At other times, frictions between workers and students in a cafeteria may be a small matter that could be sorted out by the administration.  Indeed, the CDS has a committee with representatives from all sections on campus to take up any problem arising between stakeholders in the cafeteria and this committee has taken several complaints of rash behavior by students and shortcomings on the part of the workers.  In this case, however, the student’s behavior was in the nature of trespass and SEWA’s point about the threat to the security of their workers was serious enough to warrant action.  CDS appointed an inquiry committee and asked the student to leave only after ascertaining from the student that he had acted in the manner described by SEWA.  Indeed, if students thought they could go into the kitchen and threaten women workers, there was no guarantee that they would not assault them or otherwise violate their rights.  The student claims that he had a right to the food because he had paid for it.  The point here is that the cafeteria has a mess system to which the students must subscribe if they reside in the hostel but are allowed to take leave for a prescribed number of days a month.  However, the cafeteria has fixed hours for serving meals.  These are broad windows stretching to almost more than an hour and a half for breakfast.  On receiving the letter, the student made a complaint of harassment against the SEWA supervisor, claiming that she had discriminated against him on the basis of his caste but he refused to leave the campus.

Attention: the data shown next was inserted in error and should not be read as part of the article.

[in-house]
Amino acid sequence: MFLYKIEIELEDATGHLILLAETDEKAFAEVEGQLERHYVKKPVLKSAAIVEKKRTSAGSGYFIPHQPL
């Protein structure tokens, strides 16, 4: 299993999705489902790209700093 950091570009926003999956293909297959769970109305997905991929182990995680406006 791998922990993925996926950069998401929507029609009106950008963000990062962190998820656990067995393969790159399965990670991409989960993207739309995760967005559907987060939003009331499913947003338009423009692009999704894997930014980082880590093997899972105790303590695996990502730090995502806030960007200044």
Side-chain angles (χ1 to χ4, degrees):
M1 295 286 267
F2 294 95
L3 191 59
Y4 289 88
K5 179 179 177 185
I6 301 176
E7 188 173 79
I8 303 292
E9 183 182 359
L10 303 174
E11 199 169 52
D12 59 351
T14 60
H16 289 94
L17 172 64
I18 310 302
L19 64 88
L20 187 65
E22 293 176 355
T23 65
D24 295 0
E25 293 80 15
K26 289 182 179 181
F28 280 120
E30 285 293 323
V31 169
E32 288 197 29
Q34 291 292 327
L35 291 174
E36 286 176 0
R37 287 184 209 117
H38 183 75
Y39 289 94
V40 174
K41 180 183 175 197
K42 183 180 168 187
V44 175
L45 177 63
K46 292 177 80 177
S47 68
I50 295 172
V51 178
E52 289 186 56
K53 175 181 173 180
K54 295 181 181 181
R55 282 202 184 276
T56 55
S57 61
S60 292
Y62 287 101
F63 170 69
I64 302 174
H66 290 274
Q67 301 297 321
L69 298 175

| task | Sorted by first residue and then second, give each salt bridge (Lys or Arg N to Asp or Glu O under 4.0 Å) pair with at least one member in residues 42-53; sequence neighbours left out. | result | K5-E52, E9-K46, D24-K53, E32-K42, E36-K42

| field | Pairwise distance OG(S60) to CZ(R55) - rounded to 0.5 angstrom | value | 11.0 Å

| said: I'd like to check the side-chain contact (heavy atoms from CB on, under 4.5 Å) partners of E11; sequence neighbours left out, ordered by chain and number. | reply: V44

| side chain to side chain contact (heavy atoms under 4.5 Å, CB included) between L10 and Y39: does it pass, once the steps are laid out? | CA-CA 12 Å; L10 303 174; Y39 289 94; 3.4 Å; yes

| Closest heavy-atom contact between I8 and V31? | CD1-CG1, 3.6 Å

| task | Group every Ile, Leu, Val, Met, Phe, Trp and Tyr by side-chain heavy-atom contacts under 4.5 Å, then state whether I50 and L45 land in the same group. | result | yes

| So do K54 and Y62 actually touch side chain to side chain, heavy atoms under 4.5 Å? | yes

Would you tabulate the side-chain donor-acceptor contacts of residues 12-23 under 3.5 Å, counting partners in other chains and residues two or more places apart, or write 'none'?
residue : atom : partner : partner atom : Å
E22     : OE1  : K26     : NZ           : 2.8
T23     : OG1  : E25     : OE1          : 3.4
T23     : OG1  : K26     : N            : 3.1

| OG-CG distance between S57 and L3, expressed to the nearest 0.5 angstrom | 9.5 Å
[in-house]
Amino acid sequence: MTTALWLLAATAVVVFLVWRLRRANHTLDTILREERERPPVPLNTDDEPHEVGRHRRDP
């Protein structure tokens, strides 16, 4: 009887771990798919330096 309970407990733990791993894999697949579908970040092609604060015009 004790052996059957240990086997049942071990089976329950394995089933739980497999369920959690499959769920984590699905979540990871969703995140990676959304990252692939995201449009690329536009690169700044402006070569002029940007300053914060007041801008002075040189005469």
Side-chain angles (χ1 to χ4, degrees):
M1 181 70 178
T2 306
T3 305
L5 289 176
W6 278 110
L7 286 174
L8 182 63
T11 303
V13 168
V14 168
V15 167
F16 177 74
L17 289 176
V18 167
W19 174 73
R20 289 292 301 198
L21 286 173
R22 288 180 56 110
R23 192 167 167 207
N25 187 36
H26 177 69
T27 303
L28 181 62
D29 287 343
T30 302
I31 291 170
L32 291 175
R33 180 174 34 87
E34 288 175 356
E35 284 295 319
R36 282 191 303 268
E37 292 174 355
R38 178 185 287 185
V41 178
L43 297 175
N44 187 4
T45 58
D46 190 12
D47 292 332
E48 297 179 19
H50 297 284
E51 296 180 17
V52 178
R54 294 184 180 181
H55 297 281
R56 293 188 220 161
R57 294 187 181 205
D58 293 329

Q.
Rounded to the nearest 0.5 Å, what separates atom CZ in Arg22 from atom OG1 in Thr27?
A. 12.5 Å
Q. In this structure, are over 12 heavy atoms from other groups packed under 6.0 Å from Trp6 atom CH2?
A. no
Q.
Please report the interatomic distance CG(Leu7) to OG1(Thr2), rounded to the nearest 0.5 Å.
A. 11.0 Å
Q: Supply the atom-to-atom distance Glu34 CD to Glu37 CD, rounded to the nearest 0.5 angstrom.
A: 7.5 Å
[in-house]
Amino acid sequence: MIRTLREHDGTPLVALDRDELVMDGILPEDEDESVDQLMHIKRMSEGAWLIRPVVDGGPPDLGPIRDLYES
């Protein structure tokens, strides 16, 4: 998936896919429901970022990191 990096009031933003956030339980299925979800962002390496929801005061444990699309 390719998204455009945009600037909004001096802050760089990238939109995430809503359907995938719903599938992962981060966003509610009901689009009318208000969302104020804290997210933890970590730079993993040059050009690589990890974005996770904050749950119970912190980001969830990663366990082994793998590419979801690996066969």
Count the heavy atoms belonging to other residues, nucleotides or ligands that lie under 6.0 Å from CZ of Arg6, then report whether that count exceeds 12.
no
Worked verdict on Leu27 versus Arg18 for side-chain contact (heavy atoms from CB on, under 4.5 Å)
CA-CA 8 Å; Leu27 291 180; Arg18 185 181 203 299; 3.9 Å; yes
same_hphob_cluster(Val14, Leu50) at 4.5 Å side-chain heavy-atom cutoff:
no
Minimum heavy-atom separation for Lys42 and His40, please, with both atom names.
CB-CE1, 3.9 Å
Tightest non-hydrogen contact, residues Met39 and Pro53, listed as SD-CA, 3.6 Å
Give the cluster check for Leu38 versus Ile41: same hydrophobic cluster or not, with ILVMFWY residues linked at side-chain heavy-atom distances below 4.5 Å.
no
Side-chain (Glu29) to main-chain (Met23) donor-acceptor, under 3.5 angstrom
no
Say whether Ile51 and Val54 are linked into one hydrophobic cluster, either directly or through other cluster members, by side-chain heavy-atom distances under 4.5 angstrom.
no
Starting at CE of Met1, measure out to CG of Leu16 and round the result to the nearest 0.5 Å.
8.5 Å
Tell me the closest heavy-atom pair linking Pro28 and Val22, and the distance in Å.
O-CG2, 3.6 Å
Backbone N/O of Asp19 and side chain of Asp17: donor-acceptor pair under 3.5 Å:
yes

Instead, on the following day, he along with a large group of students confronted the Director.  Needless to say, in the manner of these agitations, the Director was heckled with slogans that he was being ‘draconian’ and was suppressing the ‘rights of students’.  Shouting and jeering at the Director and clapping whenever a point was made in their favor, however derogatory it was of the ‘rights’ of other human beings and particularly of a set of women workers from the poorest strata of society who also happen to be mostly from the lowest castes, they demanded not only the revocation of the action on the student but also that the contract with SEWA be rescinded.  First, they accused the Director of supporting SEWA against the students .  Going further, the students alleged that there was corruption in the allocation of the contract by CDS to SEWA to run the cafeteria.  In the name of transparency they demanded that they must have a role in deciding the arrangement made to run the cafeteria.  They sought public tendering.  Here we address each of the charges / claims made by the students because of how they resonate on their (students’) understanding of the rights of women in a workplace and equally important because of the implications they have for the governance of an institution like CDS.

Alleged Victimization of a Dalit Student